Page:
I hate February. I’m actually beginning to really hate February. Last year and the year before Andrew lost two of his grandparents; my maternal grandmother died at the end of January nearly twenty years ago, and Andrew’s other grandad fell ill in February several years ago and died two months later. Now my own grandpa is dying, my grandma is struggling with dementia (not to mention losing her husband of sixty-something years) and I’m starting to think February is cursed.
It’s grey and cold, neither winter nor spring, and any foolhardy plants that spring up are quickly frostbitten and put in their place. I’m amazed they still keep trying every year; I’m seriously considering hibernating next February and urging everyone I love to do the same. All the energy I was finding before Christmas has been hit by the mess that is January and I can’t quite summon it back, not properly. Although happily my writing doesn’t seem to be taking the same hit. If anything, it’s helping.
Daniel’s class have been studying growth. They’ve brought home little pots containing cress seeds and grass seeds. I’ve eyed each of these warily as I’m not what you’d call green-fingered. I kill off almost any plant within minutes. As we have a first floor flat with no possibility of a garden this isn’t TOO much of a problem. Not much call for a gifted gardener up here, but these school projects have needed to be done so like a good mummy I tried to forget about my Kiss of Death to plants and take care of them. They didn’t do too badly. The cress lasted two weeks; the grass is still going.
Then last week he brought home a pot with no shoots or signs of life, just thick, black soil in a pot with a coloured label that he’d drawn himself.
‘It’s a sunflower, Mummy,’ he said proudly. ‘We have to give it sunshine and water and measure how it grows.’ Oh, no. This isn’t grass or cress, this is, like, a real flower. It needs to be looked after and there’s a real chance it will fall victim to my curse and never even shoot and then he’ll have to go into school and tell his teacher and all the other children whose mummies probably have beautifully cultivated gardens that his mummy killed his sunflower and… ok, I’m rambling. But I did fret, just a little.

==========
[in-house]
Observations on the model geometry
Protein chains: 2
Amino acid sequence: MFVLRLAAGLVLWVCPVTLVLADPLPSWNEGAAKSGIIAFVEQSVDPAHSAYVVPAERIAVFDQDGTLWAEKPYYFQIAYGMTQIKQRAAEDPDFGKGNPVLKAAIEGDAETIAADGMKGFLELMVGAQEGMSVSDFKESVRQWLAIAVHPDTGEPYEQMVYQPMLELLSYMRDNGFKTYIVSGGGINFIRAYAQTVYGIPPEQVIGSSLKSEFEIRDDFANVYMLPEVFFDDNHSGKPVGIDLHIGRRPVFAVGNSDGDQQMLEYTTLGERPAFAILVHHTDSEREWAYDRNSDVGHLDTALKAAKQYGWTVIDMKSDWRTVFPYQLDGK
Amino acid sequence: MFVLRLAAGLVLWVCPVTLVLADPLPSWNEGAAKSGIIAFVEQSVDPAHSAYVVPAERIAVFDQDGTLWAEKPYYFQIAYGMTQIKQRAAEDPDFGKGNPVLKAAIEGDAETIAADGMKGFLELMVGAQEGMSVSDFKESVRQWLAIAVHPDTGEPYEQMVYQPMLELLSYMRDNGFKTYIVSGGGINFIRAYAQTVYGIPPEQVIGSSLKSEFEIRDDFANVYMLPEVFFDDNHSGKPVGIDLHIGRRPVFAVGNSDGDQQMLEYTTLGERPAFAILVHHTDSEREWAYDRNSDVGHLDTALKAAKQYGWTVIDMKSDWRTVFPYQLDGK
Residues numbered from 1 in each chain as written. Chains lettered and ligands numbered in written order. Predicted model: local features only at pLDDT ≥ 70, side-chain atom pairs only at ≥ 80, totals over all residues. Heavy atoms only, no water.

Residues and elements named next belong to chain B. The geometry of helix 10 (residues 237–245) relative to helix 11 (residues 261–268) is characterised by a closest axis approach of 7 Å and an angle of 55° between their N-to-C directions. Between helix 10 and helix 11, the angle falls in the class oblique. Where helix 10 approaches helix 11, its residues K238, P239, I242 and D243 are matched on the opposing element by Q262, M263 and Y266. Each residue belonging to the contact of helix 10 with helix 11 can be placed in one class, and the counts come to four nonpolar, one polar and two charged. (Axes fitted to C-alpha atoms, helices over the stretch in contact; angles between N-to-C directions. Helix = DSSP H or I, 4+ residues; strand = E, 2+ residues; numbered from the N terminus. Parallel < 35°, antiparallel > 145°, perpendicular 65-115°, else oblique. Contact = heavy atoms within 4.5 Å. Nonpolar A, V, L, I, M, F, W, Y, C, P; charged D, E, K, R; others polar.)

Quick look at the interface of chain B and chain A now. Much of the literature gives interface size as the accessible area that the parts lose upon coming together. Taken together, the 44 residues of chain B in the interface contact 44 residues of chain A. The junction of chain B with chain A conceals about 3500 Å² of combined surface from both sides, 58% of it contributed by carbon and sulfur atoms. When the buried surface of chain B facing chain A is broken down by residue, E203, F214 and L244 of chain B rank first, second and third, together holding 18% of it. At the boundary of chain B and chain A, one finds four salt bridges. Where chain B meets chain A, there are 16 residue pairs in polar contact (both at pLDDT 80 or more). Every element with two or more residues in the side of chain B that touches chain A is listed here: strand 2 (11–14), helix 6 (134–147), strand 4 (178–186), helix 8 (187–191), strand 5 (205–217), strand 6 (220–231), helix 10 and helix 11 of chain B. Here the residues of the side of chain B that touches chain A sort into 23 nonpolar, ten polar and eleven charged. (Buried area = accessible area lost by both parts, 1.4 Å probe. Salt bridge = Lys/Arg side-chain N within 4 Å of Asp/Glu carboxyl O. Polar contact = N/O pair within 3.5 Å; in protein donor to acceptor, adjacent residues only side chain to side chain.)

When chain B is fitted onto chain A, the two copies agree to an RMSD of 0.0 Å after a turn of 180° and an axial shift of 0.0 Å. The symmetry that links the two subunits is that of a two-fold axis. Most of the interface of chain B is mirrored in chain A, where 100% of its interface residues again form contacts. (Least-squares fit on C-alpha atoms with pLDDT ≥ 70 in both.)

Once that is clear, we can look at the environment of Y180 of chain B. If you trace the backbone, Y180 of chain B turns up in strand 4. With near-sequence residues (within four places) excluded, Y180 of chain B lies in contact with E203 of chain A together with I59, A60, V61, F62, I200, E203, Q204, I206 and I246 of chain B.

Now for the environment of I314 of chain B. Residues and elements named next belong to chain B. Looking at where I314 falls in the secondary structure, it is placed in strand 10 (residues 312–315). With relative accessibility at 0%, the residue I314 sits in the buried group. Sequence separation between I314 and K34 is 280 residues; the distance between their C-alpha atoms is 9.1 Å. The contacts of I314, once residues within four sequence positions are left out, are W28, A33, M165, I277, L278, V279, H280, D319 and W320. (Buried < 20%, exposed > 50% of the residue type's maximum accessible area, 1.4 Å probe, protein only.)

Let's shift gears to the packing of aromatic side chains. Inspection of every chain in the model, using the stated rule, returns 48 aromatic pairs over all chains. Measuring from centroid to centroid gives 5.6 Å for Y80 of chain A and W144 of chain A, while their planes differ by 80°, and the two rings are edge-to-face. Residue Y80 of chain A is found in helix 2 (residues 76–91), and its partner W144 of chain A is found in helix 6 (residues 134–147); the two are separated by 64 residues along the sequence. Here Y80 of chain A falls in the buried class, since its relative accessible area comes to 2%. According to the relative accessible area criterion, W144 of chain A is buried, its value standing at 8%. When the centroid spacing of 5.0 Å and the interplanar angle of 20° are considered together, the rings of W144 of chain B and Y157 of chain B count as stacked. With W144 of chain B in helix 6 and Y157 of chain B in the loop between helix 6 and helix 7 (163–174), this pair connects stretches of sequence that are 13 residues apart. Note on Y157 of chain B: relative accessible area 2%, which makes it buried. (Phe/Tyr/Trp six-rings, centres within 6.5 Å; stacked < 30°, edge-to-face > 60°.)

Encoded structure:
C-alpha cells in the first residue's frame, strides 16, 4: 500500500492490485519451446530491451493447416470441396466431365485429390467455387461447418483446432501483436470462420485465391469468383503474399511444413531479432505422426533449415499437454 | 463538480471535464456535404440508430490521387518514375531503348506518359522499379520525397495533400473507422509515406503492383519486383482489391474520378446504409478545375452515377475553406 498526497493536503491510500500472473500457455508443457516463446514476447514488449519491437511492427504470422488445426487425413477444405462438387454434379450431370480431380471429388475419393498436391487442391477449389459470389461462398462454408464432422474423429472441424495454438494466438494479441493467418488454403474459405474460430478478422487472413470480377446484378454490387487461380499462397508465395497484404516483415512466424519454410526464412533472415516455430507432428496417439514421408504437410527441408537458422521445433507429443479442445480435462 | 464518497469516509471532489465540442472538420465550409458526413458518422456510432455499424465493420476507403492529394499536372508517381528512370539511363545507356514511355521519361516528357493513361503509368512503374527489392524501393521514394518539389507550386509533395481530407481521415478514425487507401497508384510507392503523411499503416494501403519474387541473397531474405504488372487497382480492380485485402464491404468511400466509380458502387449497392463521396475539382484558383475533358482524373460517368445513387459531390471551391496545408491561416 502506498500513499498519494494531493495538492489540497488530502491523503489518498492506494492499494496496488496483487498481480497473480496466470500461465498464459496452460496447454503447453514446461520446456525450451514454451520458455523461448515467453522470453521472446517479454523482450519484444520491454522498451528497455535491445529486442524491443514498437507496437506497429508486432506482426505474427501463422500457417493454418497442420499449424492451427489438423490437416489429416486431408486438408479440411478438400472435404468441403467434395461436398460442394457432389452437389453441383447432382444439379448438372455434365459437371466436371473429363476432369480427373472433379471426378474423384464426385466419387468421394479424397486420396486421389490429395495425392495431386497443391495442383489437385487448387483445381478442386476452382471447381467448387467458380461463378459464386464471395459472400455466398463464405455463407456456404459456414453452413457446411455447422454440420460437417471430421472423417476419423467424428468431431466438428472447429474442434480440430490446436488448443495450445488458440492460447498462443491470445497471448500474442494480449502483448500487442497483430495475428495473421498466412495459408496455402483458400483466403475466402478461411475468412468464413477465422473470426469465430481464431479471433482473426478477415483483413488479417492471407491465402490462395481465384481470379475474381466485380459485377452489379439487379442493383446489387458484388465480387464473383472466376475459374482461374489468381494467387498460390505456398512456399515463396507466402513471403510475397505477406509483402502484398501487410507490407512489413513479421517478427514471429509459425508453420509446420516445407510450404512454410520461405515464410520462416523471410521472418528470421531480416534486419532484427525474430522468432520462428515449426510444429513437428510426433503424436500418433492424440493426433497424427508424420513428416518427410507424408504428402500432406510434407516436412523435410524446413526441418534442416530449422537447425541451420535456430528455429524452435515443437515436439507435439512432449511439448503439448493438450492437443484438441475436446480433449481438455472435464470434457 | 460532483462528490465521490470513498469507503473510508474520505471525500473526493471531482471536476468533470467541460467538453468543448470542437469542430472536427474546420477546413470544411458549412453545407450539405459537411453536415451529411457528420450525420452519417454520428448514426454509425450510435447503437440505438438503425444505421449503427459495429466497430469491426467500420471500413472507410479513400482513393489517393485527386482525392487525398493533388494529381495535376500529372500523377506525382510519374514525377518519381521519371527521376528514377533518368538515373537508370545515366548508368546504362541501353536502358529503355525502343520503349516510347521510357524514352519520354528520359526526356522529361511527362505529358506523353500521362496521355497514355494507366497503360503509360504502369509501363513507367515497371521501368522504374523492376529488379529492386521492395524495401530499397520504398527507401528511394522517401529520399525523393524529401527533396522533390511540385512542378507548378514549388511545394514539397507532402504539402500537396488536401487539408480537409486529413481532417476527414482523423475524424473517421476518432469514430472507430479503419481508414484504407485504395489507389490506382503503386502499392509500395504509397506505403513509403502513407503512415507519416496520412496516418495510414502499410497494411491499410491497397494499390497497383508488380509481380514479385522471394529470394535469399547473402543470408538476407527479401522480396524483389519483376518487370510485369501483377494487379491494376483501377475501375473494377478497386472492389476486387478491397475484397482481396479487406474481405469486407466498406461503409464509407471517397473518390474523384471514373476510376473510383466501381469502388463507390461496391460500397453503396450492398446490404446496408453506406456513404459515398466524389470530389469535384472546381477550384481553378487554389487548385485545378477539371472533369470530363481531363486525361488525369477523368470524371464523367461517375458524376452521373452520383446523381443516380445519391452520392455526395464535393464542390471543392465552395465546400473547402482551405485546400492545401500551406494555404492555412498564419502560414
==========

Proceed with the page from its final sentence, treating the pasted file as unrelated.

So I took it home, put it on the kitchen windowsill with the grass and the cress and watered it. I watered it whenever the soil felt dry but to be honest I didn’t expect much. And sunshine? It’s the North East of England, in February, which as I’ve already explained is cursed. Put together with my napalm touch, the sunflower was doomed before it even got to the kitchen windowsill.
It’s like a reminder that life does actually go on. I check it everyday – heck, I check it everytime I go to the sink and marvel that despite everything, the sunflower is growing and stretching up, seeking the sun just as it’s supposed to.
It’s suddenly, the last day or two, become desperately important to me that I don’t let the sunflower die. Daniel’s still vaguely interested but I have put all my hopes of a happy spring on this sunflower. I don’t know why – it’s silly. My grandparents are old and frail, and I know everyone has to die sometime. And life isn’t too bad aside from that – Andrew’s business is going really well, the children are happy and healthy and my writing is progressing nicely all things considered. I’m just not very friendly with February.
But March will come soon and the sunflower will keep growing.